‘All We Need Is Another Chance’ Doc Looks At The Power of Music Behind Bars
Cutting a hit record in the belly of the beast
Recording and releasing music while doing time is nothing new to the history of modern music. And it goes well beyond artists—from Leadbelly to Lauryn Hill—just serving time. Or like Johnny Cash, B.B. King and the Sex Pistols, recording while performing live behind bars.
Entire albums have been cut right before serving jail time (Beanie Sigel, 2Pac). Tracks have been recorded over the phone from lockup (Mac Dre, Gucci Mane), and full albums have dropped while doing bids (Slick Rick, Pimp C, Lil Wayne, Lil Boosie). And in the case of the doo-wop group, The Prisonaires, inmates have even been granted furlough for the day to go and record; in their case, at the famed Sun Studios.
But, in one of the best stories never told, it is The Escorts, a soul singing group that rose to prominence in New Jersey during the 1970s, that hold the distinct title of being the first to cut, not one, but two full length albums while serving felony sentences in a maximum security facility.
Founded by Reginald Prophet Haynes, The Escorts were discovered by Motown producer George Kerr at a talent show at the notorious Rahway State Prison. After a two years long letter writing campaign, Kerr would return to the prison, this time with a mobile recording unit – and the support of authorities. The result: All We Need Is Another Chance, The Escorts’ 1973 debut.
A new documentary, set to premiere at the Montclair Film Festival this coming weekend, shares the-seeds-planted-on-hard-ground story of the soul singing group. All We Need is Another Chance finds the present day Escorts prepping for a return to the stage to receive a life-time achievement honor. Reggie is the only surviving member from the original group. Since 1986, he has performed with Billy Martin and La’Grant Harris as The Legendary Escorts. But, even age and ailing health, can’t keep the men from their greater purpose.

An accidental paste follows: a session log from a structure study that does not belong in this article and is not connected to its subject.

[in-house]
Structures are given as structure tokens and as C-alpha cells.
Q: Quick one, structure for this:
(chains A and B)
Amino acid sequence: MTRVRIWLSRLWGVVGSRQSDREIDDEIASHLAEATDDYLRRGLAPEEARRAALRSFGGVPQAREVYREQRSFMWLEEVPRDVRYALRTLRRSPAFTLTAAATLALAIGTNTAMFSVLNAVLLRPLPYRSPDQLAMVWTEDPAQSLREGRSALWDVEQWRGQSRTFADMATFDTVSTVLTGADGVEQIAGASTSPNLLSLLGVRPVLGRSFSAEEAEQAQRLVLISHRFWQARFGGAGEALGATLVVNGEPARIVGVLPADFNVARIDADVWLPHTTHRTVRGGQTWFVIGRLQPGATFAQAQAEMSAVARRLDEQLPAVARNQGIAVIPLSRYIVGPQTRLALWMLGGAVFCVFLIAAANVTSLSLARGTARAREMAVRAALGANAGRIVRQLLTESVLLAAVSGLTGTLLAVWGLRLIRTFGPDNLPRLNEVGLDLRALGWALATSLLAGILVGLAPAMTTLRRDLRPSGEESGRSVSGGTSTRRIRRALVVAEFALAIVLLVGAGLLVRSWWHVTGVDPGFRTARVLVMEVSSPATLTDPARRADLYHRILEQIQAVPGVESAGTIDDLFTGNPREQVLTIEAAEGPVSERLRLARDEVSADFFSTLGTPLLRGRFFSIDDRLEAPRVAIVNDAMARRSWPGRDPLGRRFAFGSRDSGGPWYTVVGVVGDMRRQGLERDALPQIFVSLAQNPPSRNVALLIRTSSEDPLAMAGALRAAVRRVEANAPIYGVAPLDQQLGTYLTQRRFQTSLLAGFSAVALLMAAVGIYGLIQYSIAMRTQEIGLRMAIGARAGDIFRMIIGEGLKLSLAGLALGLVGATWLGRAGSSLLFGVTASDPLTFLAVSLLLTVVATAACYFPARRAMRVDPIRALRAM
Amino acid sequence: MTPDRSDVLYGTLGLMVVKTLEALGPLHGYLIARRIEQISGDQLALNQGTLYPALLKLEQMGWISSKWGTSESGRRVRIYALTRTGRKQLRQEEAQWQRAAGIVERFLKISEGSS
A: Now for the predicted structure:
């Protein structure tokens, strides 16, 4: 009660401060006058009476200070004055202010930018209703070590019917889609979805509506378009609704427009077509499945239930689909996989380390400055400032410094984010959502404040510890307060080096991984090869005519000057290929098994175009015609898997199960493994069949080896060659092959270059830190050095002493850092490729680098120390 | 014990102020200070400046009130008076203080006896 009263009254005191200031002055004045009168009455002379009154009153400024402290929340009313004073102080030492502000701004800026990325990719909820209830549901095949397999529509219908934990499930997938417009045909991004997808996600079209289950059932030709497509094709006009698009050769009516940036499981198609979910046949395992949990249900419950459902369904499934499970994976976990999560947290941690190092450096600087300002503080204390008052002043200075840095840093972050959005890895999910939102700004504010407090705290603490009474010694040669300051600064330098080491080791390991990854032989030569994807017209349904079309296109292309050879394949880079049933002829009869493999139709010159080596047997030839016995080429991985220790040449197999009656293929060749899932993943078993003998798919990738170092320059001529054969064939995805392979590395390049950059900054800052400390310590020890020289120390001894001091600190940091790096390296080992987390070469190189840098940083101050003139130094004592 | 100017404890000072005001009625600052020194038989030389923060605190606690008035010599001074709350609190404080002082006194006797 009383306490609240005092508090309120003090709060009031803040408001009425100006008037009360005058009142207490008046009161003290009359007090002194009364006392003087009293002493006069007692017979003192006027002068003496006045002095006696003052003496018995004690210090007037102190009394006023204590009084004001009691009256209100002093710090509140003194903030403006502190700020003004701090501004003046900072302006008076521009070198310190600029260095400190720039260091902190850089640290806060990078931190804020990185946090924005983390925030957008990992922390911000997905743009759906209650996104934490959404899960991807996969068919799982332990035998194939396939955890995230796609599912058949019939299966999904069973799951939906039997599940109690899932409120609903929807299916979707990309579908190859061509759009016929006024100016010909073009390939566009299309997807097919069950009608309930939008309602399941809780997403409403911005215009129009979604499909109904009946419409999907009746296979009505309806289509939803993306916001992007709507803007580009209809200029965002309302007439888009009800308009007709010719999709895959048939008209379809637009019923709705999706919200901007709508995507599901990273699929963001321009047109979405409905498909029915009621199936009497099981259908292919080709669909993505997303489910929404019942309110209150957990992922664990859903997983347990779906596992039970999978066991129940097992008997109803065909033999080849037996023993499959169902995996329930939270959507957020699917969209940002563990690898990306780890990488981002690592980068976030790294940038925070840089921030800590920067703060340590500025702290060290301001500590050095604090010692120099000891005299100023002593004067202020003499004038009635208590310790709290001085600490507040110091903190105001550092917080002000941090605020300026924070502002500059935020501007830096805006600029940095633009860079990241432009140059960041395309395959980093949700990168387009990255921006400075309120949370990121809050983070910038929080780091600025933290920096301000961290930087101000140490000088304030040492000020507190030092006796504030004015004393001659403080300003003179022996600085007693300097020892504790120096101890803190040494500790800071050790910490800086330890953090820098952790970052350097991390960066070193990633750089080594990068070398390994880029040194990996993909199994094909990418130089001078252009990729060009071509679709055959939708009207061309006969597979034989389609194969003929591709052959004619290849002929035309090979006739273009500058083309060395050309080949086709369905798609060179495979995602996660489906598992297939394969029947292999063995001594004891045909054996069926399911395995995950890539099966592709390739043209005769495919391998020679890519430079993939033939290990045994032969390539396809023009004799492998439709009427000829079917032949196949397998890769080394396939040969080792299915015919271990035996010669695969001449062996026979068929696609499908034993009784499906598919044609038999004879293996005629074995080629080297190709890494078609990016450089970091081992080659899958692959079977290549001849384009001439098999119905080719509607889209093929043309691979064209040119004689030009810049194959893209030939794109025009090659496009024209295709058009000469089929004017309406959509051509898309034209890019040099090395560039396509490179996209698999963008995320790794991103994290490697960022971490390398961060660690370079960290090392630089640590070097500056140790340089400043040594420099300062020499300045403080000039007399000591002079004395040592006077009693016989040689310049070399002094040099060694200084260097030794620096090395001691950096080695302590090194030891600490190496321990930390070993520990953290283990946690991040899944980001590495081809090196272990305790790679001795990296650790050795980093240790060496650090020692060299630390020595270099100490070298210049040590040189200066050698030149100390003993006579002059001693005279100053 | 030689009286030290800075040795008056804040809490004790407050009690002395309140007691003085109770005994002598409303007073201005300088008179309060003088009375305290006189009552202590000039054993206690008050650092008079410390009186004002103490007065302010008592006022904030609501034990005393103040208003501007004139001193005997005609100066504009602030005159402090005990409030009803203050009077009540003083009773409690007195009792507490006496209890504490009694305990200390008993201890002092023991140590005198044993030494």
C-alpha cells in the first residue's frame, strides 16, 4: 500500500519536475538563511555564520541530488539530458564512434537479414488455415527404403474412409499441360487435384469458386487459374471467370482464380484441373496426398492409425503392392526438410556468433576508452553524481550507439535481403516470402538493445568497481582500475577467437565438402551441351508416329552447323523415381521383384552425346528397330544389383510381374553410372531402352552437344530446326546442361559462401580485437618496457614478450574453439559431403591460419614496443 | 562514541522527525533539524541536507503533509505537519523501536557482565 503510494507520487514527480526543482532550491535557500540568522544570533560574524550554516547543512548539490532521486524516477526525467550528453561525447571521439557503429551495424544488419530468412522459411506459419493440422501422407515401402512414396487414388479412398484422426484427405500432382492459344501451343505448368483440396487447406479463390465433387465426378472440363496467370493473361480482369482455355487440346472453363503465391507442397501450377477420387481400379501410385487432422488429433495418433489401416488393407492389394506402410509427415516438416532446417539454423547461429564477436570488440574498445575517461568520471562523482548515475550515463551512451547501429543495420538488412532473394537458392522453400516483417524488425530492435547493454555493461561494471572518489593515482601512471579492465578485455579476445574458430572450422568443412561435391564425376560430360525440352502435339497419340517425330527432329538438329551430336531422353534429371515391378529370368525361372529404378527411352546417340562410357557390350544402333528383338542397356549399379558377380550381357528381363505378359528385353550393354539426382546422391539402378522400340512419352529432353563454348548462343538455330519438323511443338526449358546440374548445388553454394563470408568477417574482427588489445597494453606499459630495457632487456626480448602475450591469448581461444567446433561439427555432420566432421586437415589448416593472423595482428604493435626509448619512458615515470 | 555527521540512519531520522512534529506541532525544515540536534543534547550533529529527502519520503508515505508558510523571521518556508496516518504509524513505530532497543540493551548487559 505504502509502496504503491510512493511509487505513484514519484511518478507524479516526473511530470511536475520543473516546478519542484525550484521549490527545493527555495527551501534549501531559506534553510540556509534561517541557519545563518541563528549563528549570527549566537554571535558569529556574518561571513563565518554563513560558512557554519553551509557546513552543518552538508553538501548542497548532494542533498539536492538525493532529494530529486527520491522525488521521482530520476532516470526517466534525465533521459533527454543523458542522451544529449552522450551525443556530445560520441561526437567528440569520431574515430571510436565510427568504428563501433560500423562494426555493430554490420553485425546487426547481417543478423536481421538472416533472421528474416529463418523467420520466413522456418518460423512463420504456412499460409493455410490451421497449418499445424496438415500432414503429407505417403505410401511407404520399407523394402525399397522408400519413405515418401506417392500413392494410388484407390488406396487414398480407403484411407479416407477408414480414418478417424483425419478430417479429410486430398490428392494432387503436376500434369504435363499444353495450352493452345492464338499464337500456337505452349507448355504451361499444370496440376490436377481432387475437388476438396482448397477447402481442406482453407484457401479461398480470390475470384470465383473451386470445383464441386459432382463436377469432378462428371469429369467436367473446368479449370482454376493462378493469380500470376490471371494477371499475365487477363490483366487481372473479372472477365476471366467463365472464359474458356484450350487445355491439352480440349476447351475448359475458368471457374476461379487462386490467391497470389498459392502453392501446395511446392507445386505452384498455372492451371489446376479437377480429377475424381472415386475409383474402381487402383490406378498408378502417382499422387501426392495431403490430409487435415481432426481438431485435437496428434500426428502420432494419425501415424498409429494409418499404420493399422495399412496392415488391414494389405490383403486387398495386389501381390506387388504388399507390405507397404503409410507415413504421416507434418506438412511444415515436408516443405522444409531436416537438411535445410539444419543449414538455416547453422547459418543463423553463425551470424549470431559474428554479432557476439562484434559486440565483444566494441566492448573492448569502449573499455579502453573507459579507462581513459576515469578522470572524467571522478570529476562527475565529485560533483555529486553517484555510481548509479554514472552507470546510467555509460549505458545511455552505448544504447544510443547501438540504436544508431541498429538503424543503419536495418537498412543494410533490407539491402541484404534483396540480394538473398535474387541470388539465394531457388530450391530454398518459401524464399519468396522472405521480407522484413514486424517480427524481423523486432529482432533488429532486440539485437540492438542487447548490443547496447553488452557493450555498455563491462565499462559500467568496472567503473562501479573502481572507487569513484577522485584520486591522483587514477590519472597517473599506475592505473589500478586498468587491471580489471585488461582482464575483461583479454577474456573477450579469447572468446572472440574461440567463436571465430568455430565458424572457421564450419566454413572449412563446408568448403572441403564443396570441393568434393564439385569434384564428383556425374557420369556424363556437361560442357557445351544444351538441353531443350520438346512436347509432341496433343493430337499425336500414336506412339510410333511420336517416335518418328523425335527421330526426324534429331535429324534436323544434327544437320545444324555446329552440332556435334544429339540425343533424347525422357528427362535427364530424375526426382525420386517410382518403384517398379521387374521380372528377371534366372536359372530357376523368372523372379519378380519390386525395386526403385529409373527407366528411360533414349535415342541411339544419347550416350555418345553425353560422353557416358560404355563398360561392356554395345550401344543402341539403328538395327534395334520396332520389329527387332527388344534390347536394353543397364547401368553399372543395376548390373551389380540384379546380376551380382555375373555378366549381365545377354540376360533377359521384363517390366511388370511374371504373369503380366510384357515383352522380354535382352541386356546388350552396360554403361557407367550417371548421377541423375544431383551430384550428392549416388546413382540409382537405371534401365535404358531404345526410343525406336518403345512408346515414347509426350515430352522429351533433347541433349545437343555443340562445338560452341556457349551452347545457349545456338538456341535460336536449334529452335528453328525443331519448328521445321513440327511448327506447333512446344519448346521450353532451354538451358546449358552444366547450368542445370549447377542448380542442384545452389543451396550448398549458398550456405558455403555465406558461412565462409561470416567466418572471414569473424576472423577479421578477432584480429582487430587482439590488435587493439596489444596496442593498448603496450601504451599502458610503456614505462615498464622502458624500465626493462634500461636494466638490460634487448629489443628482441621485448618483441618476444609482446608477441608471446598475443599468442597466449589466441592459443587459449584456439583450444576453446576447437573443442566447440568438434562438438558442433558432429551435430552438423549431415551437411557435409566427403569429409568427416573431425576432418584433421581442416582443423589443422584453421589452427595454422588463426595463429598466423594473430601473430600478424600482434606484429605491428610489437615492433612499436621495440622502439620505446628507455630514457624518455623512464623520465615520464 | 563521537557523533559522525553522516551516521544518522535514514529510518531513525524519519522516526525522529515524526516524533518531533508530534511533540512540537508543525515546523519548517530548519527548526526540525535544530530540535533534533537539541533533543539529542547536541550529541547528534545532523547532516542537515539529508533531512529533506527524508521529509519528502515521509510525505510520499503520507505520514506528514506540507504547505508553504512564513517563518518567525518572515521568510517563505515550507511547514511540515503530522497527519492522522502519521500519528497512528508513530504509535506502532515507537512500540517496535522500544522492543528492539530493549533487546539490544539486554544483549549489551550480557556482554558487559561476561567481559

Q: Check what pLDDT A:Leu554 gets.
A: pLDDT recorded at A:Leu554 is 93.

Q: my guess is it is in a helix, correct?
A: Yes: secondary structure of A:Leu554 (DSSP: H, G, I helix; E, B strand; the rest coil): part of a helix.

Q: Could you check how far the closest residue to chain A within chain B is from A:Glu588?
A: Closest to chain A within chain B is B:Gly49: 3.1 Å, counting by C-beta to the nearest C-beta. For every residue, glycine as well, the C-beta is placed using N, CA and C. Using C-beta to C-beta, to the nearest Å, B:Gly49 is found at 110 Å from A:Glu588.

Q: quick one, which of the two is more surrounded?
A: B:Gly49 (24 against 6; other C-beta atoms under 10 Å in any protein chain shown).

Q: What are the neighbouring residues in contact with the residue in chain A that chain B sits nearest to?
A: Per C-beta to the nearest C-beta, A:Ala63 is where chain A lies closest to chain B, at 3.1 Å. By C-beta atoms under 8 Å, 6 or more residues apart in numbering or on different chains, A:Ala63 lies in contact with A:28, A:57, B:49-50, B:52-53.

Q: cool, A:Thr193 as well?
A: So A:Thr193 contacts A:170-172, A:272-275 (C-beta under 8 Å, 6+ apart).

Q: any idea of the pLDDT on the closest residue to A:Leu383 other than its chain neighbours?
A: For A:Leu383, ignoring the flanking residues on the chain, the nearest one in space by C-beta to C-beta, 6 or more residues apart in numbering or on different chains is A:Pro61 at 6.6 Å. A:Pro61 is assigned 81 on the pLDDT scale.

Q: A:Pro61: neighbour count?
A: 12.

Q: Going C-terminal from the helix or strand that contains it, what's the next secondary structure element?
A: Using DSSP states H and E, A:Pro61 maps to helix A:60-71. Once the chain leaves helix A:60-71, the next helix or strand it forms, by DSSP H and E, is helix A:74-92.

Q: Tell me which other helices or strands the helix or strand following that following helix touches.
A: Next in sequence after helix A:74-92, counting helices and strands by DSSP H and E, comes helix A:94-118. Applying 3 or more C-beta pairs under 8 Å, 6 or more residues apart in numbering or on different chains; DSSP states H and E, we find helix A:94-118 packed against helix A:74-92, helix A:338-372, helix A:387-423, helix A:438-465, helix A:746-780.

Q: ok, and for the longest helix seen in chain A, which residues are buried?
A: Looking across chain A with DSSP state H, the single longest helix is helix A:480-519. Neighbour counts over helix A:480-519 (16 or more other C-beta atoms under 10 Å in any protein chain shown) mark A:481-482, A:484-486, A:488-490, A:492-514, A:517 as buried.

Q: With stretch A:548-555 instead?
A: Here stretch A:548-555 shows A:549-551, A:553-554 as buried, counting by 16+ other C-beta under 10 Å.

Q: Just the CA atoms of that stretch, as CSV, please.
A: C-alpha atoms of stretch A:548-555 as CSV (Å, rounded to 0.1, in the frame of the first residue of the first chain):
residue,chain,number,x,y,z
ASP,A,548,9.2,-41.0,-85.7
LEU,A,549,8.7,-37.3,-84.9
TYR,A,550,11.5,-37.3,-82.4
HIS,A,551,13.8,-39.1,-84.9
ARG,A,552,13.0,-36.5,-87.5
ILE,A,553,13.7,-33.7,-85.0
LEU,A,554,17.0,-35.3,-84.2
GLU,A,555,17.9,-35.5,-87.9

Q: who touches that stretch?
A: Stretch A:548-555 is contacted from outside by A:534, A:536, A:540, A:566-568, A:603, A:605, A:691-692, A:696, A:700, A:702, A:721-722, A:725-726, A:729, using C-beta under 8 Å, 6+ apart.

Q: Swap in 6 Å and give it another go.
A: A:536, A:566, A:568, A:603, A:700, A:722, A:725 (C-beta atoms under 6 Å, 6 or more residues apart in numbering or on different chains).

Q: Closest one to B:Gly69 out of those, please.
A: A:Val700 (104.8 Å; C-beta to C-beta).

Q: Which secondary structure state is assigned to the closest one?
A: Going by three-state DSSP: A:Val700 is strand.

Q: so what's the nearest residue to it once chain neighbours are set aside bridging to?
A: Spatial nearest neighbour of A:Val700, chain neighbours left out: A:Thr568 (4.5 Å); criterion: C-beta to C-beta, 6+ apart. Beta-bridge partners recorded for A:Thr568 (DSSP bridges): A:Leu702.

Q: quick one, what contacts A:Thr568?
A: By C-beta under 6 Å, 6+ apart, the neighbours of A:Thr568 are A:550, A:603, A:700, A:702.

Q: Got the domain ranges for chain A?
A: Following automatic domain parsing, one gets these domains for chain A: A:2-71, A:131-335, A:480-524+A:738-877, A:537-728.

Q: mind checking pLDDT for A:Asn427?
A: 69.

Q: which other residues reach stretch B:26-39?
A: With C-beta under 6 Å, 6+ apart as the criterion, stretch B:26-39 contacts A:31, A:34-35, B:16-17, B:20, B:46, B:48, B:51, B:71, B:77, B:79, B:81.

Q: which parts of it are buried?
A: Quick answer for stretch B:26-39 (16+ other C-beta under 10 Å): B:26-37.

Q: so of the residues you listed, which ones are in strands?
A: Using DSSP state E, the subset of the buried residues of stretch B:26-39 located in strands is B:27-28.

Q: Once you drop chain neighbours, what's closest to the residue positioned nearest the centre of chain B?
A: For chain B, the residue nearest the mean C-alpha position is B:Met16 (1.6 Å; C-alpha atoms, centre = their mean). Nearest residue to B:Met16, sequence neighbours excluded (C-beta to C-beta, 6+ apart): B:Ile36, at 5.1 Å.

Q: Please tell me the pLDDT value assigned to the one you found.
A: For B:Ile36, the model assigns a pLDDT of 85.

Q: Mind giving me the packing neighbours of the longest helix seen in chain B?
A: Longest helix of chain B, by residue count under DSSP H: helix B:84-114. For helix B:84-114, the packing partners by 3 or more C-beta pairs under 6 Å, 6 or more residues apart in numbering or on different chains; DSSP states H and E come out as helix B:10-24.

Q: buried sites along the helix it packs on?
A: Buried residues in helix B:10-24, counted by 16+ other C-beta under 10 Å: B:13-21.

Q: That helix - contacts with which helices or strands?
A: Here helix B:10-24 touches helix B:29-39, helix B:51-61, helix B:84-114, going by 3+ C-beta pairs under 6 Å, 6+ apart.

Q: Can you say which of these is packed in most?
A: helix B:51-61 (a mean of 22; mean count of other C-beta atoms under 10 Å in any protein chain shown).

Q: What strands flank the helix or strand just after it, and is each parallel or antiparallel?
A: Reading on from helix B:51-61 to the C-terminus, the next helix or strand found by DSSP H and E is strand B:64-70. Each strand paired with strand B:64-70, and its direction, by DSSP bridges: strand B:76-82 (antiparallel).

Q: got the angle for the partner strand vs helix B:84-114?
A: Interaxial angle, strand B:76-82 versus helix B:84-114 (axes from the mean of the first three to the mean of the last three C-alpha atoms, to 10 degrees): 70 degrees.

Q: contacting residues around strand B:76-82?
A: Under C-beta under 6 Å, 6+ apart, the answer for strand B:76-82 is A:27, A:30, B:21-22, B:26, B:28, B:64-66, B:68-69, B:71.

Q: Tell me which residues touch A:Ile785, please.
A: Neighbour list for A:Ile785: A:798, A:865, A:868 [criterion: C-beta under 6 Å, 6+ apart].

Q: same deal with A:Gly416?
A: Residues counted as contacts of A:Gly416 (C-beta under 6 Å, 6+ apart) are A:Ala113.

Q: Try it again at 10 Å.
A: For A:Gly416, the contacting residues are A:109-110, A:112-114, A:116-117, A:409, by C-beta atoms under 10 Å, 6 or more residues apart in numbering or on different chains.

The doc, directed by Corbett Jones finds universality in its one-of-a-kind specificity. No matter your walk in life, who isn’t in need of something to believe in?
Ahead of the film’s premiere, MASS APPEAL caught up with Corbett Jones to learn more.
It’s hard to imagine prison authorities ever even allowing producer George Kerr behind the walls of Rahway to record The Escorts.
Corbett Jones: Yeah, it’s absolutely insane. George’s wife looked at him and was like, “You’re crazy right? You want to record these guys? These guys are like murderers. And kidnappers.” But, he just refused to see that side of them. He just accepted their talents for what they were.
How did you first learn about the group?
The story came to me through our co-producer Chris Black. He’s an avid record collector. He was just digging through records at a record store one day and found an album cover, which is nine guys standing on opposite sides of some prison bars. And they were reaching through to the record producer and arranger. And at the bottom of the cover it says, “Recorded Live At The Rahway State Prison.” So that peaked his interest and he did a little googling on his end. And then found out that Reggie, the original founding member of the group, was still alive and still had a version of the group kind of doing retrospective shows. He brought the story to me and knew that I’d be interested. And then we reached out to [The remaining Escorts] and they were interested. And so, it went from there.